$12 million bequeathed to a dog...

The Momentum UK Team 11 March 2014

Writing a will gives you the ability to decide exactly how you want your affairs to be settled after your death. You can outline everything from who gets what to how you want to be buried, and your loved ones are obliged to follow your wishes - however bizarre! Take a look at five people who took this to the extreme…

1. Jeremy Bentham

When he died in 1832, philosopher Jeremy Bentham bequeathed his body to University College London. Unlike others who donate their remains for educational purposes, Bentham requested that his preserved skeleton and head, dressed in his own clothes, be kept on display in the university. Unfortunately, attempts to preserve the head went awry, leaving it too hideous to be used in the display. The dressed skeleton was instead topped with a wax head, and placed in a cabinet in the university, where it can be seen today. For many years the actual head sat at the feet of its late owner, but it proved too tempting a target for student pranks; in 1975 the head was held to ransom by students, only to be released after the university agreed to make a £100 donation to the charity Shelter. After several other escapades, including time spent in a luggage locker at Aberdeen train station, the head is now in storage.

One of the many rumours about the skeleton is that it regularly attends university council meetings, and that its presence is recorded in the minutes with the words “Jeremy Bentham, present but not voting.”

2. Leona Helmsley

The New York hotel heiress died in 2007, and cemented her reputation as the “Queen of Mean” when she cut off her grandchildren and left the bulk of her estate - $12 million - to her dog, Trouble. During Helmsley’s lifetime, the pampered pooch was chauffeured around in a stretch limo and lived a life of luxury. Upon her death, the judge knocked Trouble’s inheritance down to $2 million, alongside millions left to Helmsley’s brother Alvin Rosenthal, who was charged with caring for the dog. When Alvin refused, Trouble was flown by private jet to Florida, where she lived out her days in style - until her death in 2010, her caretaker spent $100,000 annually on her care, including $8,000 for grooming and $1,200 for dog food. She also had a private security guard as she had received 20 to 30 death and kidnapping threats.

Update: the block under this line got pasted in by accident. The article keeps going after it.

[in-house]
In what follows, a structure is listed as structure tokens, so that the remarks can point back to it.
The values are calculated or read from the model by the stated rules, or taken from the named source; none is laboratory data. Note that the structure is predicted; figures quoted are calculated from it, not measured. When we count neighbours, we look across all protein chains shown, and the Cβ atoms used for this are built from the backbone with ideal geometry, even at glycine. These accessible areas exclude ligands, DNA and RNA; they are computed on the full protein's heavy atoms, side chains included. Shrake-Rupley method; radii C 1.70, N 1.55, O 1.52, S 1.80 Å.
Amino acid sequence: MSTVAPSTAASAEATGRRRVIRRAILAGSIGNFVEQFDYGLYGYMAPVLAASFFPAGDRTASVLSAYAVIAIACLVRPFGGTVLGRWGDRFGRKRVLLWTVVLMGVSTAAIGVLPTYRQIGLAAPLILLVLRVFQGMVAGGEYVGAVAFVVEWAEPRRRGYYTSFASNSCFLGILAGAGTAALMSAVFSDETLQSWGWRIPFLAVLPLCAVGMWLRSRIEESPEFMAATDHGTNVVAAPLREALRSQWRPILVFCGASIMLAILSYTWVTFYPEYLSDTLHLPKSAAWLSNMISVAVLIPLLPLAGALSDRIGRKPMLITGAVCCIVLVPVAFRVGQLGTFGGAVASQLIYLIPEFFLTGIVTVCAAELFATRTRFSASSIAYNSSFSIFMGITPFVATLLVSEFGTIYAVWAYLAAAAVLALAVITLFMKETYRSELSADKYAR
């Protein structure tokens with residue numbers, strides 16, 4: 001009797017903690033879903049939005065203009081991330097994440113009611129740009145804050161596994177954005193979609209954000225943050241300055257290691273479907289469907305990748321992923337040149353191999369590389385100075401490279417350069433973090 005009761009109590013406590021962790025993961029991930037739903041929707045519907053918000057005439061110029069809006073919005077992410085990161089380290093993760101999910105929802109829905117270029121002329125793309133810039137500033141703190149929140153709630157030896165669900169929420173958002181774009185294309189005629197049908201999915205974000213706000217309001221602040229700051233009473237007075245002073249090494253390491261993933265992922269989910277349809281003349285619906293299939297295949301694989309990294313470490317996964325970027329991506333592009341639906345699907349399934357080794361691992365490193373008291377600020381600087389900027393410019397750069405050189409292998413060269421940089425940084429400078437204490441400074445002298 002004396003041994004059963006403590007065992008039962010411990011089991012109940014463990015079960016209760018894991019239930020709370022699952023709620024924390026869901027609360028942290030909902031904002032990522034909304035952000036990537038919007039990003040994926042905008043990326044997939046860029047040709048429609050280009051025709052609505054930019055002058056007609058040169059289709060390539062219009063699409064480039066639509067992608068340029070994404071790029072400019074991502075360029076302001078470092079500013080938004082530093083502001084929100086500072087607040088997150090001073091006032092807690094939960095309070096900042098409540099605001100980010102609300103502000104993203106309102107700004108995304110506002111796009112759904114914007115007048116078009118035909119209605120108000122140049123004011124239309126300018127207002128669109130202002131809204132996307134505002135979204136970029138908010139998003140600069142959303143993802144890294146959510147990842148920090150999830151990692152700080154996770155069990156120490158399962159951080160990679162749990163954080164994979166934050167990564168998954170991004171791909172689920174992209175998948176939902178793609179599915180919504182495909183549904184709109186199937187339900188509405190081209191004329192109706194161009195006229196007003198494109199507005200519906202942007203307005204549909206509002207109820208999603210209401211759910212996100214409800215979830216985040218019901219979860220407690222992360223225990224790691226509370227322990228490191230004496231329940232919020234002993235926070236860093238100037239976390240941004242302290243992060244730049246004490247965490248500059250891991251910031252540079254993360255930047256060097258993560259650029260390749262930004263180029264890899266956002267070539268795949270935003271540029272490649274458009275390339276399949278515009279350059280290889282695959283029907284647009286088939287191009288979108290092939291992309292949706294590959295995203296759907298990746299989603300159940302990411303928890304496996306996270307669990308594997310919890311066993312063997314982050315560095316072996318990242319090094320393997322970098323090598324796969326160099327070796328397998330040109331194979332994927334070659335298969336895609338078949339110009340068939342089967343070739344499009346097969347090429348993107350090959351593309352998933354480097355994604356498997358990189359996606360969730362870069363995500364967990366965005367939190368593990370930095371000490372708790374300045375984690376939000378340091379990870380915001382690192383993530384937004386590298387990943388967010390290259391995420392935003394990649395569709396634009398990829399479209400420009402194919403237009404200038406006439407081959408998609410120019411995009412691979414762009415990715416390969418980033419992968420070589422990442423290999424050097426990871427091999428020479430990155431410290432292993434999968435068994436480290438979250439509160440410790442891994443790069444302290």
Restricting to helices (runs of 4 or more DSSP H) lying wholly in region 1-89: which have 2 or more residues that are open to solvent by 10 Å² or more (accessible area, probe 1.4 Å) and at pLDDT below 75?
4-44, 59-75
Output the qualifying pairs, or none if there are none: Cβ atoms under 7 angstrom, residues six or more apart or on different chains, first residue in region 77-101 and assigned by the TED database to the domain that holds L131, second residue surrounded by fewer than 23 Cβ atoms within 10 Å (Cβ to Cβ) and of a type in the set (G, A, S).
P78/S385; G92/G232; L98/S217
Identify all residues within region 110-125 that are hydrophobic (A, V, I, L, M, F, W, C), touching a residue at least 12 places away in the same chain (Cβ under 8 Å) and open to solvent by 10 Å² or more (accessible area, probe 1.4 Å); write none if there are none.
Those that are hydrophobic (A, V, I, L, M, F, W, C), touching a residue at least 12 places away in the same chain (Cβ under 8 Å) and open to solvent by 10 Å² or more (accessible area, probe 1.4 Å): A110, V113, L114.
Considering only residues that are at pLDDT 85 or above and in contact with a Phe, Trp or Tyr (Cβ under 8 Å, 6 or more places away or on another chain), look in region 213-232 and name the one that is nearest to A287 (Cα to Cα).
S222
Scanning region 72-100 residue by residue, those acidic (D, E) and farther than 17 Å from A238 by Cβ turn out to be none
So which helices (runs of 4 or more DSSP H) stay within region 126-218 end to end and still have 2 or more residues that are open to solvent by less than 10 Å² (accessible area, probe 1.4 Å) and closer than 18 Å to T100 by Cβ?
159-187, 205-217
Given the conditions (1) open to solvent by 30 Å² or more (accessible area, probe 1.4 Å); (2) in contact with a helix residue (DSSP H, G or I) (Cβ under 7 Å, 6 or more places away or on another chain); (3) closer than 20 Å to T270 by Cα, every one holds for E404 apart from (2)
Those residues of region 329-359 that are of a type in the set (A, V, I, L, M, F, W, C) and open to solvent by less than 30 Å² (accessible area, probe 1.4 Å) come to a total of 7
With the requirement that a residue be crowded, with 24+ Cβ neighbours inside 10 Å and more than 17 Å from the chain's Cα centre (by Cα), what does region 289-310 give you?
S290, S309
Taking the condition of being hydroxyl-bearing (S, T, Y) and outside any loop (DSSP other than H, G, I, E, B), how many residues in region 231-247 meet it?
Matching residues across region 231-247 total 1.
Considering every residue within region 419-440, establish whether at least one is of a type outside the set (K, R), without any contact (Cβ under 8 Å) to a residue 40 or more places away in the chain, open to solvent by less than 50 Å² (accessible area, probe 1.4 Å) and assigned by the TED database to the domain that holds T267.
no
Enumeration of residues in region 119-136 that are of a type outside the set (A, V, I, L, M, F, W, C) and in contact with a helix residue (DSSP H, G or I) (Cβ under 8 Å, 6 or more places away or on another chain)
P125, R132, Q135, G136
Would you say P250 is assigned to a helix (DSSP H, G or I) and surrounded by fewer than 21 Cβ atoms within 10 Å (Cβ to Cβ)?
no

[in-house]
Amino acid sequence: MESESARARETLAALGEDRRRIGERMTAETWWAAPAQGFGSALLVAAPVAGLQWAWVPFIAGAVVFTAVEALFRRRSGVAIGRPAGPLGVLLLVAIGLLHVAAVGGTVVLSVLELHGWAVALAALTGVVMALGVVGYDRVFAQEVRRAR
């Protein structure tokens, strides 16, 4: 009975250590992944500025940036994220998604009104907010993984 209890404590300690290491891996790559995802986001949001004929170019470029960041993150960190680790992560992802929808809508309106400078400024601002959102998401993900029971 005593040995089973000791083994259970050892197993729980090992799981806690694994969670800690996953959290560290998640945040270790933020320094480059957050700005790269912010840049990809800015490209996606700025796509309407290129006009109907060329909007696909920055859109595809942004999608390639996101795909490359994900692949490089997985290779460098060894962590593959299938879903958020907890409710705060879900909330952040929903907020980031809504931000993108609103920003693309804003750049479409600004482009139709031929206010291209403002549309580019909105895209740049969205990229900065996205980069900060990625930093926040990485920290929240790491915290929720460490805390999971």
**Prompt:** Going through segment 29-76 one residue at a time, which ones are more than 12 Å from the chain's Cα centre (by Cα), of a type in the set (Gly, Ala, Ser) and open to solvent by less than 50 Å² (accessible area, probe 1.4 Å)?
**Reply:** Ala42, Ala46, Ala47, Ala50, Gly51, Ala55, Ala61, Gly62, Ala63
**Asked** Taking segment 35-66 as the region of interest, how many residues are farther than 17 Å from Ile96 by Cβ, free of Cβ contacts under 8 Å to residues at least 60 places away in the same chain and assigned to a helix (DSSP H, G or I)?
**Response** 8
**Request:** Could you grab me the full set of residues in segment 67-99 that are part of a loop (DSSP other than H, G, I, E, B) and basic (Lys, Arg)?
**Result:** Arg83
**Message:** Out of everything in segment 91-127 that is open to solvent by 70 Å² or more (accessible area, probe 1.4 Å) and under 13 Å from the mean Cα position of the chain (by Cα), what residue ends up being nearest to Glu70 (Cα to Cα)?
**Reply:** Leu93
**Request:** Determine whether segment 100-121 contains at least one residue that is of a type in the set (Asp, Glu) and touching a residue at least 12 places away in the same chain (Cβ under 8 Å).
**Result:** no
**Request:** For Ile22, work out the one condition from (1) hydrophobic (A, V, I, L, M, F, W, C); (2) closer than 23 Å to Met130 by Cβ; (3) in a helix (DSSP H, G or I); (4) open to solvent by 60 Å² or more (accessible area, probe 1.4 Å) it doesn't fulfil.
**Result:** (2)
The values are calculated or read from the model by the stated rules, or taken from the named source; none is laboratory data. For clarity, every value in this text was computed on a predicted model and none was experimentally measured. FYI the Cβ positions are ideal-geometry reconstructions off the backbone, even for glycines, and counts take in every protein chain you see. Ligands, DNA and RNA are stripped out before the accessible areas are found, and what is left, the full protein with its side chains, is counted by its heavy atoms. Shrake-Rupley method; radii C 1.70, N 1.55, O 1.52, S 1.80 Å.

3. T.M. Zink

Zink was an attorney from Iowa in the United States, who died in 1930. The term “woman hater” is something of an understatement; he disinherited his wife and daughter, instead leaving a sum to be invested for 75 years, by which time he expected it to be worth around $4 million. He requested that this amount be used to fund a “womanless library”. Here are some choice extracts from Zink’s will:

“No woman shall at any time, under any pretense or for any purpose, be allowed inside the library, or upon the premises or have any say about anything concerned therewith, nor appoint any person or persons to perform any act connected therewith.”

“No book, work of art, chart, magazine, picture, unless some production by a man, shall be allowed inside or outside the building, or upon the premises, and this shall include all decorations for inside and outside the building.”

“There shall be over each entrance to the premises and building a sign in these words: ‘No Woman Admitted.”

The will also stated: “My intense hatred of women is not of recent origin or development nor based upon any personal differences I ever had with them but is the result of my experiences with women, observations of them, and study of all literatures and philosophical works within my limited knowledge relating thereto.”

Fortunately, Zink’s daughter Margretta had a court rule that he wasn’t of sound mind when he wrote the will, and she inherited everything.

4. Henry Budd

In his will, which came into force in 1862, a Mr Henry Budd imposed a bizarre condition on his two sons, who were set to inherit his estate. The will states:

“In case my son Edward shall wear moustaches, then the devise herein before contained in favour of him, his appointees, heirs, and assigns, of my said estate called Pepper Park, shall be void; and I devise the same estate to my son William, his appointees, heirs, and assigns. And in case my said son William shall wear moustaches, then the devise hereinbefore contained in favour of him, his appointees, heirs, and assigns of my said estate, called Twickenham Park, shall be void.”

5. Napoleon Bonaparte

When Napoleon died, he left very specific instructions regarding who should inherit his possessions - right down to his boot buckles. Perhaps the most bizarre of his bequests comes in the form of an unusual piece of jewellery:

“Marchand shall preserve my hair, and cause a bracelet to be made of it, with a little gold clasp, to be sent to the Empress Maria Louisa, to my mother, and to each of my brothers, sisters, nephews, nieces, the Cardinal; and one of larger size for my son.”

Whether you want to provide for your pet, protect your children from ill-advised facial hair or simply decide your own funeral arrangements, making a will is essential!